We reached this point at first dawn of day; completely surprised and captured the camp, with a number of prisoners. Having destroyed the camp, consisting of about one hundred and FIFTY tents, a large quantity of ammunition, guns, public and private stores, books, papers, and public documents, I immediately took the road to Baton Rouge. Arriving at the Comite River, we utterly surprised Stuart’s cavalry [Miles’ Legion], who were picketing at this point, capturing 40 of them, with their horses, arms, and entire camp. Fording the river, we halted to feed within 4 miles of the town. Major-General Augur, in command at Baton Rouge, having now, for the first, heard of our approach, sent two companies of cavalry, under Captain [J. Franklin] Godfrey, to meet us. We marched into the town about 3 p. m., and we were most heartily welcomed by the United States forces at this point.

Before our arrival in Louisville, Company B, of the Seventh Illinois Cavalry, under Captain Forbes, was detached to proceed to Macon, on the Mobile and Ohio Railroad; if possible take the town, destroy the railroad and telegraph, and rejoins us. Upon approaching the place, he found it had been re-enforced, and the bridge over the Okanoxubee River destroyed, so that the railroad and telegraph could not be reached.

He came back to our trail, crossed the Southern Railroad at Newton, took a southeast course to Enterprise, where, although his force numbered only 35 men, he entered with a flag of truce and demanded the surrender of the place. The commanding officer at that point asked an hour to consider the matter, which Captain Forbes (having ascertained that a large force occupied the place) granted, and improved in getting away. He immediately followed us, and succeeded in joining the column while it was crossing Pearl River at Georgetown. In order to catch us, he was obliged to march 60 miles per day for several consecutive days. Much honor is due Captain Forbes for the manner in which he conducted this expedition.

At Louisville I sent Captain Lynch, of Company E, Sixth Illinois Cavalry, and one man of his company, disguised as citizens, who had gallantly volunteered to proceed to the Mobile and Ohio Railroad and cut the wires, which it was necessary should be done to prevent information of our presence from flying along the railroad to Jackson and other points. Captain Lynch and his comrade proceeded toward Macon, but, meeting with the same barrier which had stopped Captain Forbes, could not reach the road. He went to the pickets at the edge of the town, ascertained the whole disposition of their forces and much other valuable information, and, returning, joined us above Decatur, having ridden without interruption for two days and nights without a moment’s rest. All honor to the gallant captain, whose intrepid coolness and daring characterizes him on every occasion.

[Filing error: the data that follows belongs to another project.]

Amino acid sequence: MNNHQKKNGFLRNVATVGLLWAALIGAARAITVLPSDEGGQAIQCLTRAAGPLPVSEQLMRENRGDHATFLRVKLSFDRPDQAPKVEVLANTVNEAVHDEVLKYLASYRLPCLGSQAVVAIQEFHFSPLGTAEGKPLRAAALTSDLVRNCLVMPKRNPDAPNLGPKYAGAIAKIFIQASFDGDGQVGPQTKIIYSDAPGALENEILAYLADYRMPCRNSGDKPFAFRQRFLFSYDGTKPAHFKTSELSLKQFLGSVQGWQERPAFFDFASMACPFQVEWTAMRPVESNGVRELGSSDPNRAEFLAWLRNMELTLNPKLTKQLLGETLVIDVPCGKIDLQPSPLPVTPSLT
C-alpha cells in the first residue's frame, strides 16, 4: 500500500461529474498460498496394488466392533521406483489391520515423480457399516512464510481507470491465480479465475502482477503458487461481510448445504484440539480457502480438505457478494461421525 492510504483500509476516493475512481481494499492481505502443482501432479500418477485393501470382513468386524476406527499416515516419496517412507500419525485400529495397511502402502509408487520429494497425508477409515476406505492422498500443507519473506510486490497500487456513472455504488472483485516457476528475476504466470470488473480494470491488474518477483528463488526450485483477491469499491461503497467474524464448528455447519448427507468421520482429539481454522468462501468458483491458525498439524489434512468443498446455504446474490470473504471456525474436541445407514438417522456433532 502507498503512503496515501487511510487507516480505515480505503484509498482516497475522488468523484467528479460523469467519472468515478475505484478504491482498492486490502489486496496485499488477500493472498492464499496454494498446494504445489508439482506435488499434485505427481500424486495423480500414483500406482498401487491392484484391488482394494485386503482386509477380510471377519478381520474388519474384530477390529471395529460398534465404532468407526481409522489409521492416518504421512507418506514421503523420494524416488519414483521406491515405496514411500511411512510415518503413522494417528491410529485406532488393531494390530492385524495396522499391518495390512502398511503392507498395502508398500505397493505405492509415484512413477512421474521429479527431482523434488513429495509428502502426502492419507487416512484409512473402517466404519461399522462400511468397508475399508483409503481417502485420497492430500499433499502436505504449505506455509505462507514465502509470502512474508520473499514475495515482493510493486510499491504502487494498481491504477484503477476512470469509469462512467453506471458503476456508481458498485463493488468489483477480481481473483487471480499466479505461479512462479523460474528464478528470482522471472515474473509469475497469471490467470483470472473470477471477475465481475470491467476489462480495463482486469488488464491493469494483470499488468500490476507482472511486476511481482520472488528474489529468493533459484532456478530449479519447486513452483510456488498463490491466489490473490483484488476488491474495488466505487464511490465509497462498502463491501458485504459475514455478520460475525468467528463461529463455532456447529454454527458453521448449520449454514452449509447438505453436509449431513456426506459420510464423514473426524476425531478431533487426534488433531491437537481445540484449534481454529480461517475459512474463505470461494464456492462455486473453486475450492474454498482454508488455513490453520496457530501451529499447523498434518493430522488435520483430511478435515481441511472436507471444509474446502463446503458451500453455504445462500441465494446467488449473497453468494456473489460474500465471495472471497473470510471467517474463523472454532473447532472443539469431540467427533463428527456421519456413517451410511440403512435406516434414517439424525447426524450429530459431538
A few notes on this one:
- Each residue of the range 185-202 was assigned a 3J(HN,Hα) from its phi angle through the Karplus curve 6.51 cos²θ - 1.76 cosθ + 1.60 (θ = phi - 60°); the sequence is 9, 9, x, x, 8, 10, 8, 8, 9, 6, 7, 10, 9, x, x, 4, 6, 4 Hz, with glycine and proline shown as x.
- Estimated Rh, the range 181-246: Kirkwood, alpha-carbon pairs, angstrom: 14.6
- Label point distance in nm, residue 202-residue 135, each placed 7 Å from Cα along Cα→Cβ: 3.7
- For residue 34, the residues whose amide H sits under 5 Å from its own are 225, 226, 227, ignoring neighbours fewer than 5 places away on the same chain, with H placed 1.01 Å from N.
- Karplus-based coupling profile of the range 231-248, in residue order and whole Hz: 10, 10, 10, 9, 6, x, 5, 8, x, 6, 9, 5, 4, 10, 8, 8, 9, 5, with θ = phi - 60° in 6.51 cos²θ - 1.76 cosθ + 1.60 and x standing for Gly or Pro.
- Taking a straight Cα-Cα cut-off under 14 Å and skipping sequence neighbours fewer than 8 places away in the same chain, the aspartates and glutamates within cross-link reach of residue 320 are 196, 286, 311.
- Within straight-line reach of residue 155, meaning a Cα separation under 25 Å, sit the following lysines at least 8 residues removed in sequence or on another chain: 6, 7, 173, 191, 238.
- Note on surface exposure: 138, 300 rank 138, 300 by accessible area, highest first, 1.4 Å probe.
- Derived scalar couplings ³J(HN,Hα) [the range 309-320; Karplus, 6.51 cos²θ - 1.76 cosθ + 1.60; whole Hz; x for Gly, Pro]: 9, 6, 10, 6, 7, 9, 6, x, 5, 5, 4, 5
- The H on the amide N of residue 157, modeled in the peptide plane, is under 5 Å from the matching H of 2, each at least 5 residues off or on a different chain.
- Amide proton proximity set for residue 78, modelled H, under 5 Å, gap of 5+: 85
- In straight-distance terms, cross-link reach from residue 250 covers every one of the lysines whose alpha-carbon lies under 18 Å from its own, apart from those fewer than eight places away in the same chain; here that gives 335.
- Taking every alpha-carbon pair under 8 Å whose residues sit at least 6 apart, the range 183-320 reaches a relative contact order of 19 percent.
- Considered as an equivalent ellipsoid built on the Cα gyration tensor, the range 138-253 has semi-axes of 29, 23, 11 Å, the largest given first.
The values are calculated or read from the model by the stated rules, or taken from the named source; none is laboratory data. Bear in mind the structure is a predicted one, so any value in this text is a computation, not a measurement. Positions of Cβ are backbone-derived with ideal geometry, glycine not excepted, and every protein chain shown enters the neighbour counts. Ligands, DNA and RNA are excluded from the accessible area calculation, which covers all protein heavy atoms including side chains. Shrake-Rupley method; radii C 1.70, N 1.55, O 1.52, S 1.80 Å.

During the expedition we killed and wounded about 100 of the enemy, captured and paroled over 500 prisoners, many of them officers, destroyed between 50 and 60 miles of railroad and telegraph, captured and destroyed over 3,000 stand of arms, and other army stores and Government property to an immense amount; we had l0 horses and mules.

Our loss during the entire journey was 3 killed, 7 wounded, 5 left, on the route sick; the sergeant-major and surgeon of the Seventh Illinois left with Lieutenant-Colonel Blackburn, and 9 men MISSING, supposed to have straggled. We marched over 600 miles in less than sixteen days. The last twenty-eight hours we marched 76 miles, had four engagements with the enemy, and forded the Comite River, which was deep enough to swim many of the horses. During this time the men and horses were without food or rest.

Much of the country through which we passed was almost entirely destitute of forage and provisions, and it was but seldom that we obtained over one meal per day. Many of the inhabitants must undoubtedly suffer for want of the necessaries of life, which have reached most fabulous prices.

Two thousand cavalry and mounted infantry were sent from the vicinity of Greenwood and Grenada northeast to intercept us; 1,300 cavalry and several regiments of infantry with artillery were sent from Mobile to Macon, Meridian, and other points on the Mobile and Ohio road; a force was sent from Canton northeast to prevent our crossing Pearl River, and another force of infantry and cavalry was sent from Brookhaven to Monticello, thinking we would cross Pearl River at that point instead of Georgetown. Expeditions were also sent from Vicksburg, Port Gibson, and Port Hudson to intercept us. Many detachments were sent out from my command at various places to mislead the enemy, all of which rejoined us in safely. Colton’s pocket map of Mississippi, which, though small, is very correct, was all I had to guide me; but by the capture of their couriers, dispatches, and mails, and the invaluable aid of my scouts, we were always able by rapid marched to evade the enemy when they were too strong and whip them when not too large.

Colonel Prince, commanding the Seventh Illinois, and Lieutenant-Colonel Loomis, commanding the Sixth Illinois, were untiring in their efforts to further the success of the expedition, and I cannot speak too highly of the coolness, bravery, and, above all, of the untiring perseverance of the officers and men of the command during the entire journey. Without their hearty co-operation, which was freely given under the most trying circumstances, we could not have accomplished so much with such signal success.

Respectfully, your obedient servant,

B. H. GRIERSON,

Colonel, Commanding Brigade.